Steven Walters
The State of Politics

New State Aid Favors Rural Areas

Milwaukee and Madison got a 10% increase while all other municipalities got a 20% hike, new report finds.

By - Mar 4th, 2024 10:39 am
Cash. (CC0 Creative Commons).

Cash. (CC0 Creative Commons).

The first in-depth analysis of last year’s historic change that raised state aid to cities, towns and villages and promised them one-fifth of future sales tax revenues says the shift was much kinder to rural communities than urban areas.

The Wisconsin Policy Forum (WPF) report has election-year implications, since Republican legislators seeking re-election in November will remind voters in their new districts of their role in increasing state aid to local governments..

WPF found that, in one year, local governments got an 8.2% increase in revenues from their two largest sources of funds – property taxes and state shared-revenue aid. That jump in total revenues was “the most in at least three decades and likely much longer,” since records only go back to 1995, the nonpartisan research organization reported.

Property taxes that pay for municipal governments went up 3.7% – a jump homeowners noticed when those bills were mailed in December. It was less than the 4.5% increase in the previous year but still “larger than any other year since 2009,” the Policy Forum noted.

Meanwhile, because of the 2023 deal between Gov. Tony Evers and Republican legislators, state shared-revenue aid to those local governments went up by 30.5% – from $674.2 million to $879.5 million.

That reversed a decades-long trend of stagnant or decreasing state aid; it totaled $761.5 million in 1995, and was as low as $665.2 million in 2012.

As a result, cities, towns and villages squeezed by taxing limits and inflation had increasingly asked residents to pass referendums that often raised their property taxes to pay for emergency services, streets and other quality-of-life services.

The Policy Forum report documented how much better small communities made out under last year’s change, which local officials had sought for years. “Across all communities with under 1,000 residents, the combined 81.3% increase in [state] aid and 4.9% rise in property taxes will raise the total amount from these two largest sources of revenue by 20.3%,” WPF found.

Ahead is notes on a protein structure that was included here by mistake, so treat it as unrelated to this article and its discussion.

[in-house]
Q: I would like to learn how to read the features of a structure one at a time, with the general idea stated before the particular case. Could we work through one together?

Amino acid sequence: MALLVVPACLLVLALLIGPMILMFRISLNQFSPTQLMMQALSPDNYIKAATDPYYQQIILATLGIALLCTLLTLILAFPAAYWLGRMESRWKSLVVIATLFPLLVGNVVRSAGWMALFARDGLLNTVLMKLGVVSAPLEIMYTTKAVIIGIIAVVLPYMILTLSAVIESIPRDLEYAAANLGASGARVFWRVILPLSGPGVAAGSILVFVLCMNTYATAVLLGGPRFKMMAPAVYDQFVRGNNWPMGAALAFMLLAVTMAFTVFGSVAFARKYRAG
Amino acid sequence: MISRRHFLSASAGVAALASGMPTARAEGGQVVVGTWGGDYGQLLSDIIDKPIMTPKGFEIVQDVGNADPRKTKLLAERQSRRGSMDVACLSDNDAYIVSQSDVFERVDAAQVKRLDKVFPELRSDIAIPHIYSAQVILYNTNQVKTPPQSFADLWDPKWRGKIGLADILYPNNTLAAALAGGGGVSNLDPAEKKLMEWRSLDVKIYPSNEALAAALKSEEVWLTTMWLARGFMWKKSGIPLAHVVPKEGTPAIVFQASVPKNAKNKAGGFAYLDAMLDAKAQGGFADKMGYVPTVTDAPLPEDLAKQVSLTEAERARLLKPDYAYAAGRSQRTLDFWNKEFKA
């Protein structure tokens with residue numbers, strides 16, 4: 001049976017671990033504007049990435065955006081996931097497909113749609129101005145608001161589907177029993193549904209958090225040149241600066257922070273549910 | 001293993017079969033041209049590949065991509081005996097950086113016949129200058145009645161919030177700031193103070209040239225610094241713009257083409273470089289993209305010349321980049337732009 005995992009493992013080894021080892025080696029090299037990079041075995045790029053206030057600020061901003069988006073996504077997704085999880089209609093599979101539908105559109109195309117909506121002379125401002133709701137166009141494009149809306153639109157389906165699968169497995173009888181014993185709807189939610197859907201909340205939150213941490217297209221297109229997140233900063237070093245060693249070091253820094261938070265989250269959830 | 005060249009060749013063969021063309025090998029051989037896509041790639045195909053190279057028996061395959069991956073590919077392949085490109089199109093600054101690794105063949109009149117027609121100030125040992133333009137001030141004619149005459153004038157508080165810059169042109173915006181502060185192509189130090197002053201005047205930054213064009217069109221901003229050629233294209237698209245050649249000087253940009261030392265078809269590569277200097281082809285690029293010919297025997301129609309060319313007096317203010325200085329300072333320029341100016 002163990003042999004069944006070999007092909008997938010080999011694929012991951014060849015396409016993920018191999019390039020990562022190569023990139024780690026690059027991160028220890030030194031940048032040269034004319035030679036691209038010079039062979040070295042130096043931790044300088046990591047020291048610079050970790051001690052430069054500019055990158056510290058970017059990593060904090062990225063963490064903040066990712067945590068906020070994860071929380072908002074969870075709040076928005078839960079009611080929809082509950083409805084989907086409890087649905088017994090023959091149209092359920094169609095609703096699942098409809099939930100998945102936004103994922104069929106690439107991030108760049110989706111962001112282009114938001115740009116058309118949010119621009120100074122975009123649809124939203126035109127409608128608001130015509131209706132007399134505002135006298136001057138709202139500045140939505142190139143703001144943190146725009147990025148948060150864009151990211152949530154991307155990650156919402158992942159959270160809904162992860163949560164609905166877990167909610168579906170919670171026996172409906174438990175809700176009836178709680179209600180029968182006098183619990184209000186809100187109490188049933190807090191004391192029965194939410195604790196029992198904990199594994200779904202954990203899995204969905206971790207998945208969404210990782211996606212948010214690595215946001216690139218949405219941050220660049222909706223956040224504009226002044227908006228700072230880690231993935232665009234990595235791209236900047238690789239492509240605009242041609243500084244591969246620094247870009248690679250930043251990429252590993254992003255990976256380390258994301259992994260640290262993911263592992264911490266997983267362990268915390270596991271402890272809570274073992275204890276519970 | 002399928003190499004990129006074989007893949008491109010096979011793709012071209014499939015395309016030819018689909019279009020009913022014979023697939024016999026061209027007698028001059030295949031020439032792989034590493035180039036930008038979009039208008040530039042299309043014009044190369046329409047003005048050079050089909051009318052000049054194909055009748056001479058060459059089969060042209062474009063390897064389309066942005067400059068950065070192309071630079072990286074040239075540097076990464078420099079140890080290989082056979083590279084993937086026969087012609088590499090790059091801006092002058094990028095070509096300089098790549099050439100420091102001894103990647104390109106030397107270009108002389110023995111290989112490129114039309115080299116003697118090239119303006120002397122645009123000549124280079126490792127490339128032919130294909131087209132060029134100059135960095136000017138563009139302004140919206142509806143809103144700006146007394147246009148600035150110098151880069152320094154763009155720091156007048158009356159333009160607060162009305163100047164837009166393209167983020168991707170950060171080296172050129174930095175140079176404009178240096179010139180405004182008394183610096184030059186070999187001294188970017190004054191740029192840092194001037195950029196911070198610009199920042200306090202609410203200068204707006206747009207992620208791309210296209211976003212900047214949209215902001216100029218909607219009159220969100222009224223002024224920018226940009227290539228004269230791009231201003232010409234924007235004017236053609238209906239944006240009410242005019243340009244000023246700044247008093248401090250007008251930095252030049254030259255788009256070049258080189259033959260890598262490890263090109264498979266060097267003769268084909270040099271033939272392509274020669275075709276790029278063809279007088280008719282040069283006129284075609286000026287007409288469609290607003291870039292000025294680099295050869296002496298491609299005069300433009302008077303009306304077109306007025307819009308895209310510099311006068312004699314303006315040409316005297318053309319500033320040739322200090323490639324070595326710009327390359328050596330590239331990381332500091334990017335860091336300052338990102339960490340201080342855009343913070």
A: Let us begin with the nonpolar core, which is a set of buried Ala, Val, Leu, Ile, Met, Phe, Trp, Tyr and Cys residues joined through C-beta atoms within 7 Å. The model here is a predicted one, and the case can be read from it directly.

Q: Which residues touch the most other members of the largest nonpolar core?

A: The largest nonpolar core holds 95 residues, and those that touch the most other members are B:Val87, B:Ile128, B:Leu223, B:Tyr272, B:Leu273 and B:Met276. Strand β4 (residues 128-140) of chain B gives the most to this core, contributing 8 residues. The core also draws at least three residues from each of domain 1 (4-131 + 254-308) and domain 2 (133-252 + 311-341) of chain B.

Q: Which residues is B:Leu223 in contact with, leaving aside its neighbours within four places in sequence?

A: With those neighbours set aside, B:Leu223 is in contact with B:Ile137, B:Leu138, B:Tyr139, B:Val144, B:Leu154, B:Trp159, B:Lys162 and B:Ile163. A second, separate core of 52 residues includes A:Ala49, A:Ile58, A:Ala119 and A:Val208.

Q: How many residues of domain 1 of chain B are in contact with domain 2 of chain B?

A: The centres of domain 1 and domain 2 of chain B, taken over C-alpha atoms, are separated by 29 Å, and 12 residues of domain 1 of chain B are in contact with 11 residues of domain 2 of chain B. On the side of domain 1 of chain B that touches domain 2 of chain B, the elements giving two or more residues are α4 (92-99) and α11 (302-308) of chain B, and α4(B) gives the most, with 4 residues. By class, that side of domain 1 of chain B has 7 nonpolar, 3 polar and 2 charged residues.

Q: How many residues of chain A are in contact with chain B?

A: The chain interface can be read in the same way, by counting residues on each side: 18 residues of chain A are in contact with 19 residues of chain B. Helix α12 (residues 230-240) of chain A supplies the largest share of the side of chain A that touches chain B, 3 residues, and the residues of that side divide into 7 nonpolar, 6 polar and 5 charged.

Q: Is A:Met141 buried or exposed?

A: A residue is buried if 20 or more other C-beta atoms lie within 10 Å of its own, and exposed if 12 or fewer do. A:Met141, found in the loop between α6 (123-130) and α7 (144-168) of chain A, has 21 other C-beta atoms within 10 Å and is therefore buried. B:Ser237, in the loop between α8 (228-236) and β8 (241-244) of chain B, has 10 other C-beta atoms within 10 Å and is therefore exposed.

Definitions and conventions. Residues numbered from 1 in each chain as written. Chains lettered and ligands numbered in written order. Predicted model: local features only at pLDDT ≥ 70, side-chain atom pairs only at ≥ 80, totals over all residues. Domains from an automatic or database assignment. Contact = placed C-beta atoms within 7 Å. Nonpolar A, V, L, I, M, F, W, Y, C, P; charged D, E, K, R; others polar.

But, it added, “The state’s largest municipalities – those with populations above 20,000 –  will also benefit, but not by nearly as much. Their [state] aid will rise by 19% and taken together with a 3.7% increase in property taxes, they will have an additional 6.4% in revenue on average compared to what they received last year.”

That disparity – increased revenues of 20.3% for communities with less than 1,000 residents and only 6.4% for communities with more than 20,000 residents – will have the attention of legislators from urban areas when the Legislature reconvenes in 2025.

WPF analysts focused on how new state aid to three communities – Milwaukee, Madison and the village of Big Falls in Waupaca County, the smallest incorporated municipality with a population of 58 – varied.

The revenue-sharing deal guaranteed Milwaukee and Madison a 10% increase in state aid, while all other municipalities were guaranteed 20% increases.

-Milwaukee’s 10% increase in new state aid amounts to $38 per resident – the smallest per-capita increase in the state. But last year’s change also allowed the city to implement a 2% local sales tax, which is projected to bring in $205.7 million more this year.

-Because of Madison’s “relatively high property values,” its additional state aid amounts to $28 per capita, which the Policy Forum called “the third-lowest amount of any municipality in the state.” Madison officials have called how that new state aid is distributed unfair, saying the state’s second largest city faces a budget shortfall of $27 million. “Madison was really shortchanged in the formula that distributed that new money,” says City Budget Director David Schmiedicke.

-Big Falls will receive state aid that totals $1,040 per capita this year – “the largest in the state by more than $100,” WPF reported. “There are 31 municipalities – Big Falls included – that will receive at least 20 times more per capita in [state aid] than Madison.”

“Larger cities in the state received much less per capita, particularly in areas with high property values.” the Policy Forum concluded. “That may put pressure on those communities moving forward to make spending cuts or continue the trend of higher local tax increases.”

All of which means state aid to local governments will surely be revisited when the next state budget is debated in the Capitol next year.

Steven Walters started covering the Capitol in 1988. Contact him at

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One thought on “The State of Politics: New State Aid Favors Rural Areas”

  1. TosaGramps1315 says:

    This is not surprising, given the make-up of the political representation in Madison. Reward red districts and punish blue districts. Very simple, and VERY transparent. Nothing seems to be beneath their very obvious disdain for larger communities in the state.
    My question to them is this: where do they think the majority of the revenue the state collects comes from? Do GOP representatives think they can tax people out of large communities, and in doing so, create more Republican voters?!?
    The state budget surplus began just north of $7B, and is now about half of that. Almost all of that is our money and it should be distributed fairly and equitably.

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